LESSON #8: FINALLY, IF BIG, DUMB SUPERHERO MOVIES AREN’T YOUR THING, WE STILL HAVE STUFF FOR YOU— For my parting viewing recommendations this week with all things super raining down on us, I think I have just the thing for those abstaining from heroics.  Here’s a list on Ranker of the “Most Pretentious Movies Ever Made,” topped by, what else, a Stanley Kubrick film.  If those are too blunt or obvious, try this nice little selection from Taste of Cinema of ten great movies meant to challenge your intelligence, topping by Richard Linklater’s Waking Life.  Finally, here are the May additions to the Criterion Channel with choices galore!  Call these three lists counter-programming.  Enjoy!


DON SHANAHAN is a Chicago-based and Rotten Tomatoes-approved film critic writing on his website Every Movie Has a Lesson and also on Medium.com for the MovieTime Guru publication.  As an educator by day, Don writes his movie reviews with life lessons in mind, from the serious to the farcical. He is a proud director and one of the founders of the Chicago Independent Film Critics Circle and a new member of the nationally-recognized Online Film Critics Society.  As a contributor here on Feelin’ Film now for over a year, he’s going to expand those lessons to current movie news and trends while chipping in with guest spots and co-hosting duties, including the previous “Connecting with Classics” podcasts.  Find “Every Movie Has a Lesson” on Facebook, Twitter, and Medium to follow his work.  (#99)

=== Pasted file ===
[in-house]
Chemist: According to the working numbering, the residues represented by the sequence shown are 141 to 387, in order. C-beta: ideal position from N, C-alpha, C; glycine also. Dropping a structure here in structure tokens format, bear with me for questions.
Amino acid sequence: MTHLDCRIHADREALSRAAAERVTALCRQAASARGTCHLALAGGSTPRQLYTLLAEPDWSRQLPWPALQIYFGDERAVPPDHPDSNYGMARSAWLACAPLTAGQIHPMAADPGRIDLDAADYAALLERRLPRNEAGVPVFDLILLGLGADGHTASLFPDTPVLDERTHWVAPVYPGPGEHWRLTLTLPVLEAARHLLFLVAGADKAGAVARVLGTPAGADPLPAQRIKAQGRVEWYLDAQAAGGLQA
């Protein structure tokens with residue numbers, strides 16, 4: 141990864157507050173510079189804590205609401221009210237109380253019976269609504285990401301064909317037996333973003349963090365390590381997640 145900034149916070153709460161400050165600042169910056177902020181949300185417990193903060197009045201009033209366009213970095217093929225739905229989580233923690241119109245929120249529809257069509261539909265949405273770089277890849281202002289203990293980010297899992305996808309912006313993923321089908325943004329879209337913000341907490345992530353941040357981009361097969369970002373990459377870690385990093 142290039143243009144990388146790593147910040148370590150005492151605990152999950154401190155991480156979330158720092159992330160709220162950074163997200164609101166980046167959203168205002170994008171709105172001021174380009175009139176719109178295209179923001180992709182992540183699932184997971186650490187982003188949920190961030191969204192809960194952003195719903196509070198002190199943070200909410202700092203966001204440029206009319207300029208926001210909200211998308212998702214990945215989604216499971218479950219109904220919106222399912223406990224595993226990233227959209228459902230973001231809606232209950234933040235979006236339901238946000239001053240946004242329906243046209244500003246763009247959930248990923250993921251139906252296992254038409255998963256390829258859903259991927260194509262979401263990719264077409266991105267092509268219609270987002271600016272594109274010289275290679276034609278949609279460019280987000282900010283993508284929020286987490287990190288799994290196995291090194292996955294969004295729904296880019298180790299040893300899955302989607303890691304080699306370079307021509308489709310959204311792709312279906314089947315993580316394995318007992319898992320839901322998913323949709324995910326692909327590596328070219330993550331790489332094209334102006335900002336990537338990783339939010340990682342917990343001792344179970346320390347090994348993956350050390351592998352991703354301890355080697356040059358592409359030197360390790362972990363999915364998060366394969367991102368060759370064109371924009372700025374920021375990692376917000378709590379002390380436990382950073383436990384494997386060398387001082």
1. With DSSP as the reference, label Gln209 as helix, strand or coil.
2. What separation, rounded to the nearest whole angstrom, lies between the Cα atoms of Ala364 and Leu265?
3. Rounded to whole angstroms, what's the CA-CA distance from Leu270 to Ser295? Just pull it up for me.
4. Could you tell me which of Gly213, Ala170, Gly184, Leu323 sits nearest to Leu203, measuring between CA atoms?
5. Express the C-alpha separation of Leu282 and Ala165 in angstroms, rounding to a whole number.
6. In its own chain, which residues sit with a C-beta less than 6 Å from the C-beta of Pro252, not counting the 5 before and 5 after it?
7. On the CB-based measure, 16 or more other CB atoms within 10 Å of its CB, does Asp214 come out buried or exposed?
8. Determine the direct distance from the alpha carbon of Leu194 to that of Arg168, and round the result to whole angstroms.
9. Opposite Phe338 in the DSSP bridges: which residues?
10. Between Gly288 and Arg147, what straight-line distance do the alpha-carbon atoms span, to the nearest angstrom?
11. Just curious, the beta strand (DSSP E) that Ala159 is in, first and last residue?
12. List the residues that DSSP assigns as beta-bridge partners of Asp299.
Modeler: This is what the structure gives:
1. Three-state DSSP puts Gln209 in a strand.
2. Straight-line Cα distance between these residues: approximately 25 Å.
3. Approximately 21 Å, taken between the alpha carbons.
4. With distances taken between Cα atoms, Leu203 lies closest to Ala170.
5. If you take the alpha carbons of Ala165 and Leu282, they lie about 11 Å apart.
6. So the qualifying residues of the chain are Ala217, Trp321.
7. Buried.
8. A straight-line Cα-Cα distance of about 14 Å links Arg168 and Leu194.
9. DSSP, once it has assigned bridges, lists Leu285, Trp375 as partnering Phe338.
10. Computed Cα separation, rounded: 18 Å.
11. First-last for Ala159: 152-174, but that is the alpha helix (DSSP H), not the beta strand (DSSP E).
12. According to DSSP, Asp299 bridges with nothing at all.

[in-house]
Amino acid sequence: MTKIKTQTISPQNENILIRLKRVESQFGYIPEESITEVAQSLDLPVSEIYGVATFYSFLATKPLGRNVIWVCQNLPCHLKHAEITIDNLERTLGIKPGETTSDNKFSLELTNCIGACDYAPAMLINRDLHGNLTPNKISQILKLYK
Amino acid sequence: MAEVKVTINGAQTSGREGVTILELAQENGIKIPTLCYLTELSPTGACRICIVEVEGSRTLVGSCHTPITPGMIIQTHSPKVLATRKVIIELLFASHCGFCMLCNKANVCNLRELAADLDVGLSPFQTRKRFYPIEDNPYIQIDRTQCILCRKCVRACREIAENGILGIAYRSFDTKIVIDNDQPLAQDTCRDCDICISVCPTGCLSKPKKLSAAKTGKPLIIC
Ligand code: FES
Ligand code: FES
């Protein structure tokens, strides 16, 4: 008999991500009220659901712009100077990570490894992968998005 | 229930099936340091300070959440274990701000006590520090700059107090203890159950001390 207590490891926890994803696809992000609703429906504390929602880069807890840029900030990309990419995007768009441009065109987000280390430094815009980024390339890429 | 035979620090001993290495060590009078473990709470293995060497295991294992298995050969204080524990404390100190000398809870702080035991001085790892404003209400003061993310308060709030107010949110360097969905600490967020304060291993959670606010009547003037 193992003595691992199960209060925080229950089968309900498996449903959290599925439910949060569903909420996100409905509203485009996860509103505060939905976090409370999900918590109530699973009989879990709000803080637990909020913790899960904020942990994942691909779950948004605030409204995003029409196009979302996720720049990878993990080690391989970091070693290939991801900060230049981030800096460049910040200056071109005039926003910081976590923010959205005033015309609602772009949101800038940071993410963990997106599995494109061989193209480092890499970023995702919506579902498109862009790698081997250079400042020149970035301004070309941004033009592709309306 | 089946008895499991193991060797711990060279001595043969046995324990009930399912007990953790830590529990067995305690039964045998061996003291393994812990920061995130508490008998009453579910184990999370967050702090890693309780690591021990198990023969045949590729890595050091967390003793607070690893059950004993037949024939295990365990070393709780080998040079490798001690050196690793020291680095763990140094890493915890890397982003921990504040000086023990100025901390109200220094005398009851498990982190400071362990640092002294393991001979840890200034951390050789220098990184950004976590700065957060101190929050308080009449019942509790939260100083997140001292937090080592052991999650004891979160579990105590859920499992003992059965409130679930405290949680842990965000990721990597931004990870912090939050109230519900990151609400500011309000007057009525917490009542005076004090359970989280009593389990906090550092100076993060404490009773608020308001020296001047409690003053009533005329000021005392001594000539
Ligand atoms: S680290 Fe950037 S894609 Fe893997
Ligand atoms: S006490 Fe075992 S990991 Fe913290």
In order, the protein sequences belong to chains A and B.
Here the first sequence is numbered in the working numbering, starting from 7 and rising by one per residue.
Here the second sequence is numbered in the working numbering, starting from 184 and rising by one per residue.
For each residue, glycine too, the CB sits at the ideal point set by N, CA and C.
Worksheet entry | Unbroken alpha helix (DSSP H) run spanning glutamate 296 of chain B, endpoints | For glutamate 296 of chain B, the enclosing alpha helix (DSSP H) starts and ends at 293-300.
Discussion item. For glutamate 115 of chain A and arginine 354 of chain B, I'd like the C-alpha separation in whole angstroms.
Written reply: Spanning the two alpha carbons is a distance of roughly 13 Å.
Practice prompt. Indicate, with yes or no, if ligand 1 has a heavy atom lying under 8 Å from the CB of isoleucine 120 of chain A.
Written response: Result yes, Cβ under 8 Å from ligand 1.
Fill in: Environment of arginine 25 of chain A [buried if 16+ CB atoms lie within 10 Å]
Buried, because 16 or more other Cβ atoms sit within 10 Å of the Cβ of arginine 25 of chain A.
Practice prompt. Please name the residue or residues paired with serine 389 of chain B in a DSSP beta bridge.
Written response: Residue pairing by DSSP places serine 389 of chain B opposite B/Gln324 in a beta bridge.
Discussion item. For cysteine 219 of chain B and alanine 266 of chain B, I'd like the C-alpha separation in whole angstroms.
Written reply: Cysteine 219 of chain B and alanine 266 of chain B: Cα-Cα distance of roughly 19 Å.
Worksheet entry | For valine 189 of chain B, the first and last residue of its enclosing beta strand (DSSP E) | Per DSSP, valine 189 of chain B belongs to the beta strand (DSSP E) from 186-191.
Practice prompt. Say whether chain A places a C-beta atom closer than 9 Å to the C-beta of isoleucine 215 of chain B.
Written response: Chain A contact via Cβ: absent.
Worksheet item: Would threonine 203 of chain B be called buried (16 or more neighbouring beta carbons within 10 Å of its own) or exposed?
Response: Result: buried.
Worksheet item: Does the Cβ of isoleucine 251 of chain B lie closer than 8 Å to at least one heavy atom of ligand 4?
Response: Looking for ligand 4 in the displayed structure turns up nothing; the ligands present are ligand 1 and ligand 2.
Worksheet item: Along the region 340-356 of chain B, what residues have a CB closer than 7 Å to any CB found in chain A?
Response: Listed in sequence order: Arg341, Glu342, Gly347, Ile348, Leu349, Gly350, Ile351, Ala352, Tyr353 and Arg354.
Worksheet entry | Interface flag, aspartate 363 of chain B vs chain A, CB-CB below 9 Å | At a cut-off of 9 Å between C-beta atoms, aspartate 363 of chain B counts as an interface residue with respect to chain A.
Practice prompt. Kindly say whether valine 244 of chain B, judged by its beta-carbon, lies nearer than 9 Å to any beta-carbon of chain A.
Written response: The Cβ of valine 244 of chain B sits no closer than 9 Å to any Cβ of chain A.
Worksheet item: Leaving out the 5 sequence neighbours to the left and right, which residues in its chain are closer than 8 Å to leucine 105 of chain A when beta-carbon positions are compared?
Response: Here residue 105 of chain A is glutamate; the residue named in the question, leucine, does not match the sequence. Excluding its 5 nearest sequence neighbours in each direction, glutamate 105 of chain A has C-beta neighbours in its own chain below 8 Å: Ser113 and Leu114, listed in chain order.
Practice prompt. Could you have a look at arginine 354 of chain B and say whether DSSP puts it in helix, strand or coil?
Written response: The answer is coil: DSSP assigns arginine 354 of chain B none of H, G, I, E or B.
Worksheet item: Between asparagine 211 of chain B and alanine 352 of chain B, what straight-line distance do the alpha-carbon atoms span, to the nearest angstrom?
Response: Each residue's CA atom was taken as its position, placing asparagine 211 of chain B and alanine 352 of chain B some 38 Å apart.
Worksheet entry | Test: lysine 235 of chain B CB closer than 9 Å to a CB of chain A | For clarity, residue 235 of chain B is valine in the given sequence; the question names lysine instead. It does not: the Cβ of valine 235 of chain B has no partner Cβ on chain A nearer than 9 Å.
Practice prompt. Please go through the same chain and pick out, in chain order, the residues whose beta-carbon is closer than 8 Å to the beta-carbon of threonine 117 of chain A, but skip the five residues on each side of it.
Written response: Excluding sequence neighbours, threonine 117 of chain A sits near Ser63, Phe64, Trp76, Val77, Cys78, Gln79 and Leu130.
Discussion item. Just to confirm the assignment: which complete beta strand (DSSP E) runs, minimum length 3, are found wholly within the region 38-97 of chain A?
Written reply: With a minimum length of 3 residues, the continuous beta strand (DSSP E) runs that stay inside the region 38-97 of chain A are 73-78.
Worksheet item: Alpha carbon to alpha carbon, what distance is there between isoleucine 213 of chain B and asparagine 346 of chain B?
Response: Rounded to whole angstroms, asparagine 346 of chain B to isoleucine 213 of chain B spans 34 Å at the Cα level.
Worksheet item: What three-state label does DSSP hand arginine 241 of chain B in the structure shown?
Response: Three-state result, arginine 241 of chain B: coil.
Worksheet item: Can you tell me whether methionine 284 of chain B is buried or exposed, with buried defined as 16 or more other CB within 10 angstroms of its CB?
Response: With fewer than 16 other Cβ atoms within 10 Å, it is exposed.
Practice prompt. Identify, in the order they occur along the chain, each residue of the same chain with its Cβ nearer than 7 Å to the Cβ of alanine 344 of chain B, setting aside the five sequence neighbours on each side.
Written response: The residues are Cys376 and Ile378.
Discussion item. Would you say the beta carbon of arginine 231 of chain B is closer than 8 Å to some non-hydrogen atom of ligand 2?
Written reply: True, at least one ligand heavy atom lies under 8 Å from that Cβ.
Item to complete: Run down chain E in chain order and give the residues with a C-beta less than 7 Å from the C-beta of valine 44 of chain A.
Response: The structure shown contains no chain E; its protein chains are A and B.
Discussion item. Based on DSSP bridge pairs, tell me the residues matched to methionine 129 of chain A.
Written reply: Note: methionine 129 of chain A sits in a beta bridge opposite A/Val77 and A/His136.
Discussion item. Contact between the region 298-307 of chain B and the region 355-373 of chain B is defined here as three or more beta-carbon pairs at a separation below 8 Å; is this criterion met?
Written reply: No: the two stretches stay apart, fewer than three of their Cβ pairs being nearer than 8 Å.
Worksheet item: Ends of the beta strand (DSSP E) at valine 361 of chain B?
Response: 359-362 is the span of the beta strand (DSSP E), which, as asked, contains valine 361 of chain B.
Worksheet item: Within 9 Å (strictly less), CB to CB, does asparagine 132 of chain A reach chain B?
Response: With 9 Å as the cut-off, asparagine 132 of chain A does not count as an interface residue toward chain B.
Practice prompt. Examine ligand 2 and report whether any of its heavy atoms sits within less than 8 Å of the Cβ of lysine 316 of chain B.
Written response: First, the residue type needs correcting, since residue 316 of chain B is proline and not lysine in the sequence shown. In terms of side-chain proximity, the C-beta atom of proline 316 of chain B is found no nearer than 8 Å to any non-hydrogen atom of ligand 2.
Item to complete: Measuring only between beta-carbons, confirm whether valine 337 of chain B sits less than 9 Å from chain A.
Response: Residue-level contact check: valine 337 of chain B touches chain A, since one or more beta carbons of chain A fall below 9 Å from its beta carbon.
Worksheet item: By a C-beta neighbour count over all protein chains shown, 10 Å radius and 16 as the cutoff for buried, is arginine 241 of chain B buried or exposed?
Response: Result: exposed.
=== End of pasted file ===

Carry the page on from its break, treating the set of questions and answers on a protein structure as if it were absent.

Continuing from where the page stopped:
MOVIE REVIEW: Avengers: Endgame

100% spoiler-free with no plot points even hinted at! AVENGERS: ENDGAME closes the book on one of the greatest film franchise achievements in history on a very high note. It is every bit the emotional experience you expect & a gratifying finale. Also, for the first time in 10+ years there is no post-credit scene so feel free to rush to the bathroom as required.

 


 

Aaron White is a Seattle-based film critic and co-creator/co-host of the Feelin’ Film Podcast. He is also a member of the Seattle Film Critics Society. He writes reviews with a focus on the emotional experience he has with a film. Follow him on Facebook and Twitter to be notified when new content is posted.

Episode 154: Captain Marvel

It took Marvel 21 films but they finally have a female-led superhero flick. We are joined by Patrick Willems to discuss the origin story of Captain Marvel and how it fits within the MCU franchise, as well as whether the film’s high expectations were met and how its cultural significance is woven into the narrative.

 

Captain Marvel Review – 0:07:10

The Connecting Point – 1:23:05